In March 2013 The Commission On The Status of Women comprising of UN Women in cooperation with ESCAP, UNDP, UNFPA, UNICEF and WHO produced the ‘Report of the Expert Group Meeting on Prevention of Violence against Women and Girls’.
They identified a number of challenges and recommendations for a global response to “a critical moment where international bodies, nation states and civil society can and must come together to solidify commitments to ending violence against women and girls”, and in doing so, ultimately, have “positive social and economic outcomes”.
Extract CSW57 – “Experts noted that violence against women and girls is defined as ‘any act of gender-based violence that results in, or is likely to result in, physical, sexual or psychological harm or suffering to women [or girls], including threats of such acts, coercion or arbitrary deprivation of liberty, whether occurring in public or in private life.’(1) It exists in multiple, interrelated and sometimes recurring forms, and is a manifestation of historically unequal power relations between men and women (2)”.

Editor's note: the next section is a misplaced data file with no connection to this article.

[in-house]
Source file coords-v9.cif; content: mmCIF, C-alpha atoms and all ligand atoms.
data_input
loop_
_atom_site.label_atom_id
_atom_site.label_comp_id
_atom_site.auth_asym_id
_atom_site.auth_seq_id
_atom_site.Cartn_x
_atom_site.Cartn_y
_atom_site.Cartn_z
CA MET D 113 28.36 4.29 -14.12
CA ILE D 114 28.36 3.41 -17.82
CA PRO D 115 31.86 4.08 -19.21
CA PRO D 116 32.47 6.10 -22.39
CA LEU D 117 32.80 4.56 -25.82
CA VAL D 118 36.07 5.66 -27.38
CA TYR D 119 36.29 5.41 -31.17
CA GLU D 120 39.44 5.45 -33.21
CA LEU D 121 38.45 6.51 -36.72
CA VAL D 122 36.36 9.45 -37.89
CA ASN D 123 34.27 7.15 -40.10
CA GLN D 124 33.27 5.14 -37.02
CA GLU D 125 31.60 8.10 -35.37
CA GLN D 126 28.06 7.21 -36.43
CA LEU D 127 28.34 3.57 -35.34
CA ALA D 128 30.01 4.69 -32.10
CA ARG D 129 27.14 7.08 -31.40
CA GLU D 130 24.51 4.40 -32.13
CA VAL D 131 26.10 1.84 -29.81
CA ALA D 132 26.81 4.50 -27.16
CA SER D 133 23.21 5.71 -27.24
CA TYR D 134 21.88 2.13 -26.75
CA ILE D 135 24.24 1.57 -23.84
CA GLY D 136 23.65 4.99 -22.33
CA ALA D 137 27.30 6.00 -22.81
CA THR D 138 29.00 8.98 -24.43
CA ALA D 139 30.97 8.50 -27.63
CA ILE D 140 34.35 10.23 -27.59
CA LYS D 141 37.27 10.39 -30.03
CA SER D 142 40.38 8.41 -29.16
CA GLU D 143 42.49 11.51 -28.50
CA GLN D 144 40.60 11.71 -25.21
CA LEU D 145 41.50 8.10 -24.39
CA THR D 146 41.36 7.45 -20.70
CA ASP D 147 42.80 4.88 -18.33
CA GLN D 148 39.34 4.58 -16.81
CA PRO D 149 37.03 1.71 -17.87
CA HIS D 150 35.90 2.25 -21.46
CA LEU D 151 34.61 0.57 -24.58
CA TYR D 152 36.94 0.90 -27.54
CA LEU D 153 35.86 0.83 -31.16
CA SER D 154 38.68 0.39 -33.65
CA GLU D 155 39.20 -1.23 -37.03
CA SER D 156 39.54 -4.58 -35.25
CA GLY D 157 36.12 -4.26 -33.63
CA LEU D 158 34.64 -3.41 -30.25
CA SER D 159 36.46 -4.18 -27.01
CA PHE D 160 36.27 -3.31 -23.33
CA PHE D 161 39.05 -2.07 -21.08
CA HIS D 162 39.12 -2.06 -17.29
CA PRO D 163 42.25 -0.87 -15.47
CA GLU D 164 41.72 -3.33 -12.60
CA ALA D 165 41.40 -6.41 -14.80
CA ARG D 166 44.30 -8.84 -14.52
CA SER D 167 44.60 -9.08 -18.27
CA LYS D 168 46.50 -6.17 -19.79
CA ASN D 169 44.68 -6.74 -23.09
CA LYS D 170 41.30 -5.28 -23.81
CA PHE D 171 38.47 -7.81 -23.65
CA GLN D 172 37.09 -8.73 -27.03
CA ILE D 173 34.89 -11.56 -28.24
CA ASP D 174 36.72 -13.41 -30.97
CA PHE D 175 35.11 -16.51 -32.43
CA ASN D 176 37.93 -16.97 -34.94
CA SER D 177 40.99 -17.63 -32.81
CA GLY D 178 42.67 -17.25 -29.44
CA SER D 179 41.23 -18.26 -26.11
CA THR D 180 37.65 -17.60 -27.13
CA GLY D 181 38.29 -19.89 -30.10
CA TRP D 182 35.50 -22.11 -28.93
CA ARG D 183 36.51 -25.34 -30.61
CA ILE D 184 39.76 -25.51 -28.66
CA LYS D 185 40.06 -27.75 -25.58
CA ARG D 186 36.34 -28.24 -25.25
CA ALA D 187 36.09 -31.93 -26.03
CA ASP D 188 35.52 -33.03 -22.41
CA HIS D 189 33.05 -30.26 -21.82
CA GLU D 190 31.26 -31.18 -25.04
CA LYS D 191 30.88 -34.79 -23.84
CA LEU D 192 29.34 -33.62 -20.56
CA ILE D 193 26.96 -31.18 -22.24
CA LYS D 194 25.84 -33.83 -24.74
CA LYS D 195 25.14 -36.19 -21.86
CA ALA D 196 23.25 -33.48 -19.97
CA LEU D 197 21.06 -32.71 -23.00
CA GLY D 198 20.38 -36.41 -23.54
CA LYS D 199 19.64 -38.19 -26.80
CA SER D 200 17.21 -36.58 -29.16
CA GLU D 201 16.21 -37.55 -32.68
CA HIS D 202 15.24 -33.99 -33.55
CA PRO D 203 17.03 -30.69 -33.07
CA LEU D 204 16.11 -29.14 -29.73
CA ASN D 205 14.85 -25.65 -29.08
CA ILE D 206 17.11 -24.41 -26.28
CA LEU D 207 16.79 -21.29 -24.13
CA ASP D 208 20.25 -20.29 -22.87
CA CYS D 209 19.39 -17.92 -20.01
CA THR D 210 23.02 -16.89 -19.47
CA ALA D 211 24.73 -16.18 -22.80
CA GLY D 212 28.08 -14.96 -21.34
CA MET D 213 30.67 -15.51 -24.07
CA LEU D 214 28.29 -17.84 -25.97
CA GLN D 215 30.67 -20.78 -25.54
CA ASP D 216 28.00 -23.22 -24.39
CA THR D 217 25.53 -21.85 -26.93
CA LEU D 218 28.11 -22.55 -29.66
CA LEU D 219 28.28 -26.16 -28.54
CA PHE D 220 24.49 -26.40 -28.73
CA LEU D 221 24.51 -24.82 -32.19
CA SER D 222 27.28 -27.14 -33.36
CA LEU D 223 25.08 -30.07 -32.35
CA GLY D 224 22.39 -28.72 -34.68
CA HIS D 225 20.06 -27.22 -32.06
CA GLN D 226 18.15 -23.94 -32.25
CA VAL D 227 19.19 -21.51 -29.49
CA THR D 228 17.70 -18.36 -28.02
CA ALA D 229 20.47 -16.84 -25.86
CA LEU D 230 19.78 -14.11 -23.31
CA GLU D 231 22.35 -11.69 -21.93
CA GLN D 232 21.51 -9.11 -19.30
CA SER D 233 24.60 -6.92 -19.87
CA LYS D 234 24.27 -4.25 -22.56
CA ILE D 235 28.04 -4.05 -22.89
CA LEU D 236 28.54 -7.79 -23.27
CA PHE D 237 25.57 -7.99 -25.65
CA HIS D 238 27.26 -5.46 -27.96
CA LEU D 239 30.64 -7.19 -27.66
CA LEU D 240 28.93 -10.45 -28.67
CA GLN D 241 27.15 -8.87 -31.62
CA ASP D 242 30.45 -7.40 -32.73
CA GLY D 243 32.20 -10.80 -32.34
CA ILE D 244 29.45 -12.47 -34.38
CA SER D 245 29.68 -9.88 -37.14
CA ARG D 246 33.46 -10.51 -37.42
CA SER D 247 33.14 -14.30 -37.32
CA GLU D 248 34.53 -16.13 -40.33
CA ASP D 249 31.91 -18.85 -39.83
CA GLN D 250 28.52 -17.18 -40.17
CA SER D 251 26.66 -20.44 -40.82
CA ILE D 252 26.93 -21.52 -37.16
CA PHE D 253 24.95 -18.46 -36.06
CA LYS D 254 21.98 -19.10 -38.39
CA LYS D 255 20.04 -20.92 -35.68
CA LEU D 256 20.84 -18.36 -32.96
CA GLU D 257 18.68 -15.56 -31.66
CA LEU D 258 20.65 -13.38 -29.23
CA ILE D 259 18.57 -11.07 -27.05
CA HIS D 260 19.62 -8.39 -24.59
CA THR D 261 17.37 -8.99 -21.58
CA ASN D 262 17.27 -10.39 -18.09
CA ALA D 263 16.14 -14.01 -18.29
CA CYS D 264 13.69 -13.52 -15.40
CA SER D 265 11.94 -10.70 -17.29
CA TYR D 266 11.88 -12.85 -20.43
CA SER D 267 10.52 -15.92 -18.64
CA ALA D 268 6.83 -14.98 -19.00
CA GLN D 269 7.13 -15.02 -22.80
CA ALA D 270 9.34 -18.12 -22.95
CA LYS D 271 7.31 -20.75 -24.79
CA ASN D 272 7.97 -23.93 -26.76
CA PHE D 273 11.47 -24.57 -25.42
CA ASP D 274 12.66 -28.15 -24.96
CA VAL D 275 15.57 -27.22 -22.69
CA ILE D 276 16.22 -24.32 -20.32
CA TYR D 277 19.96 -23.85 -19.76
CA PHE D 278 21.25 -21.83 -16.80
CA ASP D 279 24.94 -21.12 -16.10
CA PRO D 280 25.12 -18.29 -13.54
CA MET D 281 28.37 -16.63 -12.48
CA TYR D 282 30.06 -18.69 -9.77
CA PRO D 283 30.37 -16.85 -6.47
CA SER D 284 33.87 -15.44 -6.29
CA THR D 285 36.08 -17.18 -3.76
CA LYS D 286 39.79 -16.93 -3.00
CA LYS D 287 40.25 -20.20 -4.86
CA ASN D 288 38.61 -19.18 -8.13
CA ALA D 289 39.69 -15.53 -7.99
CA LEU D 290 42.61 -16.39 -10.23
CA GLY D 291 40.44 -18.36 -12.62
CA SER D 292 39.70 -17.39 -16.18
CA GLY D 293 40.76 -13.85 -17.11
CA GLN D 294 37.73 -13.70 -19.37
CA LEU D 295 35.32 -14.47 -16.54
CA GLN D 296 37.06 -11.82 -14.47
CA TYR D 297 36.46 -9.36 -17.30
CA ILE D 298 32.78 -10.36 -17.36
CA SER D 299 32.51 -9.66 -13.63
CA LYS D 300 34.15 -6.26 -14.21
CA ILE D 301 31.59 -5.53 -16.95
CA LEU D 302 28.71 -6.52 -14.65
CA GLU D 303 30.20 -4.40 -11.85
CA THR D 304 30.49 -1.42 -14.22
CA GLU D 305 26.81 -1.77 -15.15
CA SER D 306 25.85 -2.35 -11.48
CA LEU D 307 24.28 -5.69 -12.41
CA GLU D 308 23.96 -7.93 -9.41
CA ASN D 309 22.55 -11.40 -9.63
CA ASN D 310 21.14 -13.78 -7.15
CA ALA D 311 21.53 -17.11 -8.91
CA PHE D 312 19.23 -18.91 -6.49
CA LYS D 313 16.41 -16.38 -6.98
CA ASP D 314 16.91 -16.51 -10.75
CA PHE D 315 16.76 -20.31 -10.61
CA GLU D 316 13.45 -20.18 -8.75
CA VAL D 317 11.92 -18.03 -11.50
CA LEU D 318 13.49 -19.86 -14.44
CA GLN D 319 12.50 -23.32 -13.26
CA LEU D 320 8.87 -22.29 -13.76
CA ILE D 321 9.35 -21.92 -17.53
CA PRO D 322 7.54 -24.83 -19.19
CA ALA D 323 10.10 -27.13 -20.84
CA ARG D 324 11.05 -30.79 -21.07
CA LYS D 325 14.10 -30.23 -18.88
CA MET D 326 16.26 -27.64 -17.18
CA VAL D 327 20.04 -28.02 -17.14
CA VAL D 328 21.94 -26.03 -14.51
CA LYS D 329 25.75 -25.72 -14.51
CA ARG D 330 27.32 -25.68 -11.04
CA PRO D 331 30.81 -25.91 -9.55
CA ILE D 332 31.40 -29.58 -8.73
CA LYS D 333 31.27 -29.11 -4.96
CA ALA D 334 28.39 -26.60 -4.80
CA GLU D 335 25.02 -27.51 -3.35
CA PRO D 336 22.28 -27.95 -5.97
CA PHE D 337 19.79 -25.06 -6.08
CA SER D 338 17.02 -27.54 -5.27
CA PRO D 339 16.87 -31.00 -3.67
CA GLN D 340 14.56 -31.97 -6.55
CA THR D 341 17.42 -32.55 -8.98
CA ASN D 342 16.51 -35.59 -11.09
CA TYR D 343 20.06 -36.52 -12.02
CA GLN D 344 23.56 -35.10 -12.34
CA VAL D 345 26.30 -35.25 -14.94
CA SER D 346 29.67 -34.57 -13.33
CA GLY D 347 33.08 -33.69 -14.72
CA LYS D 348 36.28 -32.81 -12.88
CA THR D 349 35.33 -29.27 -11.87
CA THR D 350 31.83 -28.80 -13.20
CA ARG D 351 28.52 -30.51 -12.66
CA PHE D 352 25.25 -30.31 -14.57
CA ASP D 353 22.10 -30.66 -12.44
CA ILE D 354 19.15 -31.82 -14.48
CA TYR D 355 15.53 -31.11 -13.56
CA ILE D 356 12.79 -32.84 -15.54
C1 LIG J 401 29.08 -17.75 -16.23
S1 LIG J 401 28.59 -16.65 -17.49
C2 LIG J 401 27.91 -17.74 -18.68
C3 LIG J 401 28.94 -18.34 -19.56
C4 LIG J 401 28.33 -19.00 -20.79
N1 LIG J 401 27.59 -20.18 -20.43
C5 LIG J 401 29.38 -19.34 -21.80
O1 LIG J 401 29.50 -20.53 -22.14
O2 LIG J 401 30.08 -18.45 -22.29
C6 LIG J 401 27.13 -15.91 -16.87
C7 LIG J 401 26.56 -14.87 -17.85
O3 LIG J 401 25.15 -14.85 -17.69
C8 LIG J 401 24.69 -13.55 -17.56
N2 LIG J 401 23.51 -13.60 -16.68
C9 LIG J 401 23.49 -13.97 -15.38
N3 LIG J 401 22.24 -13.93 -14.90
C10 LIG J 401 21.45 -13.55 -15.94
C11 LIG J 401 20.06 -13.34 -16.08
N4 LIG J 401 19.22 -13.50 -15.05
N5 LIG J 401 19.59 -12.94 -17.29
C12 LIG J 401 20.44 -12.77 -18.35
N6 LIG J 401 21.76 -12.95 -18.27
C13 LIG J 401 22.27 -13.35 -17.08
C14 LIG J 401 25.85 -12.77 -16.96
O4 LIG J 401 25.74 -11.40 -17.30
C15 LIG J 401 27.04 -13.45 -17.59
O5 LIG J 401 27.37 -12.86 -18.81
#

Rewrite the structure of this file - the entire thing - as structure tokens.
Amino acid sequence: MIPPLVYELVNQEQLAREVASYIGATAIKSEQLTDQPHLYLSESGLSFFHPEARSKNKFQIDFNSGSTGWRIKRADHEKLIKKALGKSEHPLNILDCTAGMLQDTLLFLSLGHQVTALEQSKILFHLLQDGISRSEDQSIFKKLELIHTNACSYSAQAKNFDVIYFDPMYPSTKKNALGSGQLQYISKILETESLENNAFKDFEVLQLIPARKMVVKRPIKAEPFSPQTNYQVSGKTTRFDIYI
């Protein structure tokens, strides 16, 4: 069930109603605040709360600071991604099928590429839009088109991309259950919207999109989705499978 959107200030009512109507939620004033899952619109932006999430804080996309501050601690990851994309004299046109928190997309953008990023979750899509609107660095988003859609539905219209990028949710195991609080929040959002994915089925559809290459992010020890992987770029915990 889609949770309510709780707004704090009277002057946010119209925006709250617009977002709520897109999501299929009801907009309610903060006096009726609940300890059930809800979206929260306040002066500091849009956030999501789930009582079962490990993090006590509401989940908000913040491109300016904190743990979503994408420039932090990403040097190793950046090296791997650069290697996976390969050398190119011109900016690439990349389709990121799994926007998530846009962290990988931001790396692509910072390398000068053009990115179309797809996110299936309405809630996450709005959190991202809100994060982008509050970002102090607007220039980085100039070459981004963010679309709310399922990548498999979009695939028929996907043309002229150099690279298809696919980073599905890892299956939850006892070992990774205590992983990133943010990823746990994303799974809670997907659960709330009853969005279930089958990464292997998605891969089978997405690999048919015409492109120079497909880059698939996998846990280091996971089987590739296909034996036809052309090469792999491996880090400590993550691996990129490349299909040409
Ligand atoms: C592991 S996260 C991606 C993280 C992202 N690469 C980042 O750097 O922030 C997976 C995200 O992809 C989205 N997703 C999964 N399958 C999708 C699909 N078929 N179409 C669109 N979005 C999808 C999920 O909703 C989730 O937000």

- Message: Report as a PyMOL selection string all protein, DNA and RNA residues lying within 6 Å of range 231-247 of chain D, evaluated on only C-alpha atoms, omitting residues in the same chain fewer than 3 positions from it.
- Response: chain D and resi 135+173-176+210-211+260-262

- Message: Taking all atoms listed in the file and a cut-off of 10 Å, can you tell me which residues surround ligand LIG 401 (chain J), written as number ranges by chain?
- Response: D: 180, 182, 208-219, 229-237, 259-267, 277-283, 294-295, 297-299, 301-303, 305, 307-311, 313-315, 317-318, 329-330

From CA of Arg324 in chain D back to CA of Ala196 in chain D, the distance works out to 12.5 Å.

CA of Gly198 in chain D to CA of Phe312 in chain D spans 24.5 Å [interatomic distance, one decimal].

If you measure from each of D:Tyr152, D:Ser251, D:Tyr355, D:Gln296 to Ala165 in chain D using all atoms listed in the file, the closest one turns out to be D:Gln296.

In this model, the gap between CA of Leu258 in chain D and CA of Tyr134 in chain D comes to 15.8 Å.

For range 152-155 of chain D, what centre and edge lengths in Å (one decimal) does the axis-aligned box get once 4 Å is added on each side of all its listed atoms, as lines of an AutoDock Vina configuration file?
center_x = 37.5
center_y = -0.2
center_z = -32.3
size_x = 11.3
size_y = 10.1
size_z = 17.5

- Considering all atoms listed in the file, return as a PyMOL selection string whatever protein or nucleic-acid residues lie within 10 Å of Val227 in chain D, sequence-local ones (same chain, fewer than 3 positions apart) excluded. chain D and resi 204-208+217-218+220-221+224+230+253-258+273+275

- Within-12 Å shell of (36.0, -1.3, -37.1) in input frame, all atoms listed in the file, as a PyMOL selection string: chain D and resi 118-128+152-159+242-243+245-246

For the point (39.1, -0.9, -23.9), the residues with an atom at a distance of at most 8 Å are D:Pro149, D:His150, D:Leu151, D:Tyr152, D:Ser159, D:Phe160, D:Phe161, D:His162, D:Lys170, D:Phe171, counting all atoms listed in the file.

Extract CSW57- “Confronting existing social and gendered realities that continue to use arguments based on culture, customs and ‘traditional’ values and practices to justify discrimination and violence against women and girls, and treat them as subordinate and second- class citizens, remains a major challenge in addressing the social and cultural environments that permit violence against women and girls to flourish with impunity. As the Special Rapporteur on violence against women, its causes and consequences has noted: ‘no form of interpersonal violence against women is devoid of structural violence'”.
From the Everyday….
To the Corporate……..
And the Institutional………